Marine archaeologists studying Gulf shipwreck
- On 27/07/2013
- In Underwater Archeology
From Associated Press
Marine archaeologists made a thrilling discovery this week while examining a well-preserved shipwreck deep in the Gulf of Mexico — two other sunken vessels that likely went down with it during an early 19th century storm.
Much isn’t known about the ships, including the flag or flags they sailed under and the year they sank about 170 miles southeast of Galveston.
They came to rest 4,363 feet, or nearly three-quarters of a mile, below the surface, making them the deepest Gulf or North American shipwrecks to have been systematically investigated by archaeologists, the researchers said.
“What you’re going to see and hear I hope will blow your mind. Because it has ours,” lead investigator Fritz Hanselmann told reporters at a Thursday news conference in which the team revealed its initial findings.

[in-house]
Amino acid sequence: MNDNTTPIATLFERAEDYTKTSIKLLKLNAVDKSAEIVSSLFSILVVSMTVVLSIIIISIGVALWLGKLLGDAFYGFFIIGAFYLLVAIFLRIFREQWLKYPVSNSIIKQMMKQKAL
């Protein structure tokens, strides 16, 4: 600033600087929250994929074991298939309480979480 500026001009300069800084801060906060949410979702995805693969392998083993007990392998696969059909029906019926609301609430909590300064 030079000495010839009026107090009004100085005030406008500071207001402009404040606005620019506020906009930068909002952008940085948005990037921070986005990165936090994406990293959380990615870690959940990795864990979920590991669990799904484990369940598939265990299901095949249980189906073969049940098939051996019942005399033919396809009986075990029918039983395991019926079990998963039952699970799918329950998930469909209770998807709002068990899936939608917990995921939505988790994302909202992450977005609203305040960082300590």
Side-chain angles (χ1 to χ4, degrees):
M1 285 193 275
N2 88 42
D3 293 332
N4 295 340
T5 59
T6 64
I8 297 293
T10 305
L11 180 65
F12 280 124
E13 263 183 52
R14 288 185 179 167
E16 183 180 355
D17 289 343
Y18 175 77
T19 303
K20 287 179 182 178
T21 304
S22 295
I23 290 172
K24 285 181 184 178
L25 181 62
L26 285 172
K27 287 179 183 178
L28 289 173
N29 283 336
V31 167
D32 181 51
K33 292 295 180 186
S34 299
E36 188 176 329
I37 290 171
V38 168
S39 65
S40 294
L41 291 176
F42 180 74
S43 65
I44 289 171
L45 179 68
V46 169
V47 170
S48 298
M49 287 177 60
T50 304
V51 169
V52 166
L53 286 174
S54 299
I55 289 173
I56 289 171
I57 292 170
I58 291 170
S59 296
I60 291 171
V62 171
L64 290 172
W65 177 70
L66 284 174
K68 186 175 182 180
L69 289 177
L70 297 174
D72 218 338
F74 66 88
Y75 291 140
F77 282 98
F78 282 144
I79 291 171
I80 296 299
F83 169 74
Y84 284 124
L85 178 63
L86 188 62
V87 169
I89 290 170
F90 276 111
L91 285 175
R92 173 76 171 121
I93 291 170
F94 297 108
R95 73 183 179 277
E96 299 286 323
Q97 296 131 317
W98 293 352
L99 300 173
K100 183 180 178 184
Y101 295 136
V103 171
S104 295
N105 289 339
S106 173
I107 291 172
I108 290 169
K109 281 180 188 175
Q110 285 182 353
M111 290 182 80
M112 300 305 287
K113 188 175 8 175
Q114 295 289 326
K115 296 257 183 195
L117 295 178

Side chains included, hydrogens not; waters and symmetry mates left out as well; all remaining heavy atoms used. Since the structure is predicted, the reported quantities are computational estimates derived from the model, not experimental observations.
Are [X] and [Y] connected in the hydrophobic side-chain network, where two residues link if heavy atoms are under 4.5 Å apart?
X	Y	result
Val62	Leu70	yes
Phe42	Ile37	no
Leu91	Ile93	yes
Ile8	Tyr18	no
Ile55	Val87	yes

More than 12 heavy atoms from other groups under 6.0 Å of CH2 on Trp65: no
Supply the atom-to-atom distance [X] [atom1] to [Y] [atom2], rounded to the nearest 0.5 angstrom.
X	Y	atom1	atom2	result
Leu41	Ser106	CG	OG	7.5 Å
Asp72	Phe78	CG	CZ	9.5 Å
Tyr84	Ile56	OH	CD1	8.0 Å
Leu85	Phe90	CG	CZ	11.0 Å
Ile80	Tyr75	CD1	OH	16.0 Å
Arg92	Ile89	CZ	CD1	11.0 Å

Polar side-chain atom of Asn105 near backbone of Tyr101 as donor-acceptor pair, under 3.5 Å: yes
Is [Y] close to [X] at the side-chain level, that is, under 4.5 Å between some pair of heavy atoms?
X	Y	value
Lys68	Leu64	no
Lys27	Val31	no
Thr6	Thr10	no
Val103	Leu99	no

“We went out with a lot of questions and we returned with even more. The big question we’re all asking is: What is the shipwreck? And the answer is we still don’t know,” said Hanselmann, a researcher from Texas State University in San Marcos’ Meadows Center for Water and the Environment.
During eight days of exploration that ended Wednesday, the scientists used remote-controlled machines to recover more than 60 artifacts from the initial shipwreck site, including musket parts, ceramic cups and dishes, liquor bottles, clothing and even a toothbrush.
The artifacts, including china from Britain, ceramics from Mexico and at least one musket from Canada, will help researchers determine the ships’ histories, Hanselmann said.
“Nationalities, cultures, all collide in these shipwrecks. We hope to return in the future next year with more work,” he said.